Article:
As a first example, we focus on a second Spiral dataset generated as described in “Likelihood-based TWO-NN estimators”. We generate a sample of size \(n=5000\) setting \({\bar{S}}=6\), \(\sigma _x=\sigma _y=\sigma _z=0.1\). Specifically, we study the \(\texttt {id }\) as a function of the size of the neighborhood by comparing three estimators: Gride with \(n_2=2n_1\), MG with \(L=n_2\) (single estimate, not averaged), and the decimated TWO-NN (\(n_2=2\)). In this simulation, we compute the estimates setting \(n_1\in \{2^j\}_{j=1}^{10}\). The results are displayed in the top row of Fig. 5, where the x-axis reports the \(\log_{10}\) average distance from the furthest nearest neighbor \(n_2\) at each step. Gride plateaus around the true \(\texttt {id }\) value faster than the competitors. Eventually, MG reaches a similar result, but much larger neighborhoods are required. Lastly, the decimated TWO-NN shows an \(\texttt {id }\) evolution pointed in the right direction, but as the ratio of data considered decreases, its performance deteriorates.

Figure 5
figure 5

Top panel: study of the evolution of the \(\texttt {id }\) on a simulated Spiral dataset. The three lines represent three different models: Gride, MG, and the decimated TWO-NN. Bottom panels: analysis of the impact of the scale on the id estimates comparing Gride models of order ratios \(n_{2,1}=2\) vs. the TWO-NN estimator performed on a 2D noisy Gaussian dataset. The error bounds (\(\pm 2\) std. err.) are visible only for one model.

As a second experiment devised to investigate the impact of the scale on the id estimates, we simulate 50000 data points from a two-dimensional Gaussian distribution and perturb them with orthogonal Gaussian white noise. We compare the results obtained in two cases: one-dimensional (1D) and twenty-dimensional (20D) noise; in both cases, the perturbation variance is set to \(\sigma ^2 = 0.0001\). The second row of Fig. 5 reports the results of the scale analysis done with TWO-NN and Gride with \(n_{2, 1} =2\). Following2, we apply the TWO-NN estimator on several subsets of the original data and report the average id with its 95% confidence intervals. Both in the case of high and low dimensional noise, Gride reaches the true value 2 at smaller scales than the TWO-NN estimator. The left panel also shows that the decimation protocol of TWO-NN can introduce a bias at large scales when the size of the replicates becomes small. In our experiment, by halving the sample size at each decimation step, we use subsets with 12 data points when \({\bar{r}} \approx 0.8\). At a comparable scale, Gride performs much better since it always maximizes the likelihood utilizing all of the original 50000 data points.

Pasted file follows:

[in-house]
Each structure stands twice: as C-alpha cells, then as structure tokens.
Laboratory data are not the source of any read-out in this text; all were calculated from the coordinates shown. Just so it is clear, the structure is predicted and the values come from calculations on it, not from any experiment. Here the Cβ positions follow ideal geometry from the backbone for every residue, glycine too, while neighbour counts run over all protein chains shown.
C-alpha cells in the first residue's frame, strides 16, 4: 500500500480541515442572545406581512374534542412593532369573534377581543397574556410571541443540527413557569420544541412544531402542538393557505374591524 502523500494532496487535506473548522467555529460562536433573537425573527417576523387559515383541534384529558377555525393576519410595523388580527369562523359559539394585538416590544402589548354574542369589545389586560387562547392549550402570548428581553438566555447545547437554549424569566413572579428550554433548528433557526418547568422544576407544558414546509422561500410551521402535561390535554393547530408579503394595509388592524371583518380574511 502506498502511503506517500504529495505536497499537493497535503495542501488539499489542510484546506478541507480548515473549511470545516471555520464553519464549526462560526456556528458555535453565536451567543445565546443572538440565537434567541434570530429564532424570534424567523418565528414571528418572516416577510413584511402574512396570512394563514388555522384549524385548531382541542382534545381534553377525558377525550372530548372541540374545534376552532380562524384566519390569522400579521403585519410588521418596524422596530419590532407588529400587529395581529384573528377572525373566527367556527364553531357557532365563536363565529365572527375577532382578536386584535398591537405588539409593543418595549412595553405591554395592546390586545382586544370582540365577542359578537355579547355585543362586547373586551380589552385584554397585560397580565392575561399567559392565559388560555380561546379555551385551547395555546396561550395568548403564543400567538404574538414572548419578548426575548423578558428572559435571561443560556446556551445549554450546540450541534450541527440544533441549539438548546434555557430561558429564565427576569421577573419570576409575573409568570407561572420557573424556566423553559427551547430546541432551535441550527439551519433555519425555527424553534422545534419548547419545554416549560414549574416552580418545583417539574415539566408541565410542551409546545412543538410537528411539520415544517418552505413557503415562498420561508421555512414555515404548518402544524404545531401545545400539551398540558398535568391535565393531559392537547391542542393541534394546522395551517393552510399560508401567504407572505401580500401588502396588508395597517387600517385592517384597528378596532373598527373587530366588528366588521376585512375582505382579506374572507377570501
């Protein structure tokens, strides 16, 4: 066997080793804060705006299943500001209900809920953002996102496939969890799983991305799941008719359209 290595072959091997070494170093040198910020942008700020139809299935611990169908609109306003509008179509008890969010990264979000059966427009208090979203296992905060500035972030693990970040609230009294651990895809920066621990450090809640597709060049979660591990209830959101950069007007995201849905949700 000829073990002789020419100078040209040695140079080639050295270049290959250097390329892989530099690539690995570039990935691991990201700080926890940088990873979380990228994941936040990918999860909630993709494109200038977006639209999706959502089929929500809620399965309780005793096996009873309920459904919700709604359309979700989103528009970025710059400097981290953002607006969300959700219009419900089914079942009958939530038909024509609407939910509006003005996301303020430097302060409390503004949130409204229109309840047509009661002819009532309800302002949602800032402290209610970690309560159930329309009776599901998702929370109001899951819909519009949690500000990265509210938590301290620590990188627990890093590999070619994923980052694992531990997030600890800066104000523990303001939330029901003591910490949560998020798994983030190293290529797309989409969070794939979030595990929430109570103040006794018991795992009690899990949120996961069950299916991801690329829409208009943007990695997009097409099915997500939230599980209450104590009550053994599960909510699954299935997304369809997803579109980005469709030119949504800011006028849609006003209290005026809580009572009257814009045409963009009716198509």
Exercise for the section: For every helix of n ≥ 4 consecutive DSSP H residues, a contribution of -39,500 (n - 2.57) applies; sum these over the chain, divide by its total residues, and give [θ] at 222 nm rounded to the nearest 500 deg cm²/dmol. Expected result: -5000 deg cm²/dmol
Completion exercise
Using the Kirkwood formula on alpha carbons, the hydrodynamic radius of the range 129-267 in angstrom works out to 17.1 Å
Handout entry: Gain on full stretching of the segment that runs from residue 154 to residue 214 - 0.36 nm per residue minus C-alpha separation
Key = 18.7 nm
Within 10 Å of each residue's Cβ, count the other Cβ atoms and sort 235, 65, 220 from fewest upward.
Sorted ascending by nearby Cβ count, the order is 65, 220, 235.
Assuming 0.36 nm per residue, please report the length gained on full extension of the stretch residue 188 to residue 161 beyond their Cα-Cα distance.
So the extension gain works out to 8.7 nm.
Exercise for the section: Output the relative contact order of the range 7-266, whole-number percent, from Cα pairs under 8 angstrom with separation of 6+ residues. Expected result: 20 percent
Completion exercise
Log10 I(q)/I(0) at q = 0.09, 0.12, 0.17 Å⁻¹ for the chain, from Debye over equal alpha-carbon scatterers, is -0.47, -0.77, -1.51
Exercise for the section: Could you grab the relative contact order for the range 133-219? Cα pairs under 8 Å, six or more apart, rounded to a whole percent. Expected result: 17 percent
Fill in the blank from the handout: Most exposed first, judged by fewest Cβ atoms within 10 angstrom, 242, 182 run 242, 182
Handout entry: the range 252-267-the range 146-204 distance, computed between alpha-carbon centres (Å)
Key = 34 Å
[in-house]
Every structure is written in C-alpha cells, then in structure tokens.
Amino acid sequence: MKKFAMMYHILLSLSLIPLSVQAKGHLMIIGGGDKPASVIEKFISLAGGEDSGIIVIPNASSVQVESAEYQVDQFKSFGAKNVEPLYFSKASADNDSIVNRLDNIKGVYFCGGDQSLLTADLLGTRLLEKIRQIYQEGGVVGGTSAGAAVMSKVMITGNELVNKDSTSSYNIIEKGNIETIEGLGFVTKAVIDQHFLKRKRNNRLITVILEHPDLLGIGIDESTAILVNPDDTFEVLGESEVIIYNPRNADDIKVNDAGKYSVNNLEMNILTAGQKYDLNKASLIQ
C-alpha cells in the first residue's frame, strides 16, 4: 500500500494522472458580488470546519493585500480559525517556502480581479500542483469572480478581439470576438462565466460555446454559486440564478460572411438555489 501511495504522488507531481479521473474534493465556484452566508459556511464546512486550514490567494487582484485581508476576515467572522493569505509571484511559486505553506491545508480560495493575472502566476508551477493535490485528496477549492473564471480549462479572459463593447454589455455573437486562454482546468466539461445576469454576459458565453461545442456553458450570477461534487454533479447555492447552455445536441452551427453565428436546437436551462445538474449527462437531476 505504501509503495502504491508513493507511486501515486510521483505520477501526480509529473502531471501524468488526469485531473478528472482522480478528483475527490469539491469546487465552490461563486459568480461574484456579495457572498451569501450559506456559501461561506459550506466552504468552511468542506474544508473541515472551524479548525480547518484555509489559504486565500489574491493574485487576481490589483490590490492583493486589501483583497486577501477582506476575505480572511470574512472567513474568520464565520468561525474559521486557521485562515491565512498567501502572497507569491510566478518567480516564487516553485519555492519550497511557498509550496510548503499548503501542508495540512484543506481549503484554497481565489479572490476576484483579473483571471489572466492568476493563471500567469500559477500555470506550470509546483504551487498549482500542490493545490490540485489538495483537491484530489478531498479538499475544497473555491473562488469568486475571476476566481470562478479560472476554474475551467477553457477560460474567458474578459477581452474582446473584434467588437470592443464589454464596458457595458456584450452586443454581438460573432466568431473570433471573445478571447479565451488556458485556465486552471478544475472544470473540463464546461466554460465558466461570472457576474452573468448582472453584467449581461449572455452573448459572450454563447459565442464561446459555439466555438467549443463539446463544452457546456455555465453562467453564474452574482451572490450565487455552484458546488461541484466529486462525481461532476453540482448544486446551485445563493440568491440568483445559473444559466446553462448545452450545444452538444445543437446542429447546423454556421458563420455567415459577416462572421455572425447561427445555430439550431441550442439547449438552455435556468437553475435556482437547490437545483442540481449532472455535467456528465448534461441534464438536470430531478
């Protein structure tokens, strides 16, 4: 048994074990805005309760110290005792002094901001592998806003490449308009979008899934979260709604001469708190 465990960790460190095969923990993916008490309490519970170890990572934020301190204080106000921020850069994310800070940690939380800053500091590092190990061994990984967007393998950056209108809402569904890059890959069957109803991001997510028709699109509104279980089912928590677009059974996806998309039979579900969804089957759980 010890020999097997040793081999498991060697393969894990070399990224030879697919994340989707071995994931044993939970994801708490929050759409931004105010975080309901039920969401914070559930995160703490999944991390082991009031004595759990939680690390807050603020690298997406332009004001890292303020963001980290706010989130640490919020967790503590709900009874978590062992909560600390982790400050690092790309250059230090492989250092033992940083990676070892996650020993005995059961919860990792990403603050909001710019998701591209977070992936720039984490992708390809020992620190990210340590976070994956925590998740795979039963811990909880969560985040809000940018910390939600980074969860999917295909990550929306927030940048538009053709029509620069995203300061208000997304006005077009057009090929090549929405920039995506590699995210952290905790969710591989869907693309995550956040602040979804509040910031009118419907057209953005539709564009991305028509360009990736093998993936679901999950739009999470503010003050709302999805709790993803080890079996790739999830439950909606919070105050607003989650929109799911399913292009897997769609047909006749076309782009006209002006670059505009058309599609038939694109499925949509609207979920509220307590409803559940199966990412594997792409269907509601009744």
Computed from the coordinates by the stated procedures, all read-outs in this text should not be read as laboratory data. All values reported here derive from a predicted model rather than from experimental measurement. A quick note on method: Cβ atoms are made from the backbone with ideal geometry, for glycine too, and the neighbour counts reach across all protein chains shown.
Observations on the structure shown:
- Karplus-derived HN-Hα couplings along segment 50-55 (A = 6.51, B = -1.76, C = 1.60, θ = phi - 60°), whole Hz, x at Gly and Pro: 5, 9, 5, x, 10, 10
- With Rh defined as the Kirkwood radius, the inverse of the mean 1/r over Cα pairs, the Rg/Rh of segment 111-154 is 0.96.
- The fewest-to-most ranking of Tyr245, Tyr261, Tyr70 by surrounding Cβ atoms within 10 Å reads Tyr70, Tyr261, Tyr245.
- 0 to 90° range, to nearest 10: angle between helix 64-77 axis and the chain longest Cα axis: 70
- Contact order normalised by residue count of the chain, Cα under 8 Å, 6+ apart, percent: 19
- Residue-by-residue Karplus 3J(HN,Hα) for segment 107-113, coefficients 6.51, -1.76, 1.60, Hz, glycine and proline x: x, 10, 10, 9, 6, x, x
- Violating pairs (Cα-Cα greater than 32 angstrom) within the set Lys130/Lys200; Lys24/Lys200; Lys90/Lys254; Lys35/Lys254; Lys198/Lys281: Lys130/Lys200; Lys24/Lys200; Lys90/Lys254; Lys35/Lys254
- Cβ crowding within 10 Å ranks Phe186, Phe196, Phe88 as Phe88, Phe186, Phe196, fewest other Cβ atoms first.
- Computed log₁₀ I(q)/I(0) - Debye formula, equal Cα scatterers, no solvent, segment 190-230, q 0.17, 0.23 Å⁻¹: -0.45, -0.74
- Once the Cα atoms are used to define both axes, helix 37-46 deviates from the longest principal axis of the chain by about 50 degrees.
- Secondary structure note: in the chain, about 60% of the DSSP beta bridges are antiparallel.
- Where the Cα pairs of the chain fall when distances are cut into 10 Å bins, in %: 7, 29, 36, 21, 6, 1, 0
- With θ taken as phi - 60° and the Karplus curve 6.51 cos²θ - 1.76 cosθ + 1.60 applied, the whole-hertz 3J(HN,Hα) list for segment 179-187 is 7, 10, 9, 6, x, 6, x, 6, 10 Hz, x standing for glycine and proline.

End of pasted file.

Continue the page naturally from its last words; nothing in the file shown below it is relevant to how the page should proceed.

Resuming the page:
In our last experiment on simulated data, we compare the performance of the MLEs introduced by1 (LB) and modified by34 (MG) with Gride in term of robustness to noise. To compute the first two estimators, we rely on the implementation contained in the R package Rdimtools37. As in the previous experiments, we want to compare how well the different estimators can escape the overestimation of the id induced by the presence of noise in the data. We have already established that Gride can exhibit a plateau around the true \(\texttt {id }\) when enough signal is available (conveyed both in terms of large sample size and low level of noise). Instead, we now test our estimator in a similar but more challenging context, considering the limited sample size and the increasing noise level. Thus, we generate 30 replicas of \(n\in \{1000;\,5000\}\) observations sampled from a Gaussian distribution. We consider two possible values for the intrinsic dimension: \(d \in \{2;\,5\}\). Each dataset was then embedded in a \(D = d+5\) dimensional space and contaminated with independent Gaussian noise \(N(0,\sigma ^2)\), with \(\sigma \in \{0;\,0.1;\,0.25;\,0.50\}\), expecting the random noise to induce an incremental positive bias in the id estimation. To let the estimators gather information from increasingly wider neighborhoods, we consider the relation \(n_2 = 2n_1\), with \(n_1=\{2,\ldots ,50\}\). The same range is considered for the averages computed with LB and MG. In the Supplementary Material, we report the plots summarizing all the results (Fig. S8). Here, we focus on the representative scenario where \(n=1000\) and \(\sigma =0.1\). The results are shown in Fig. 6.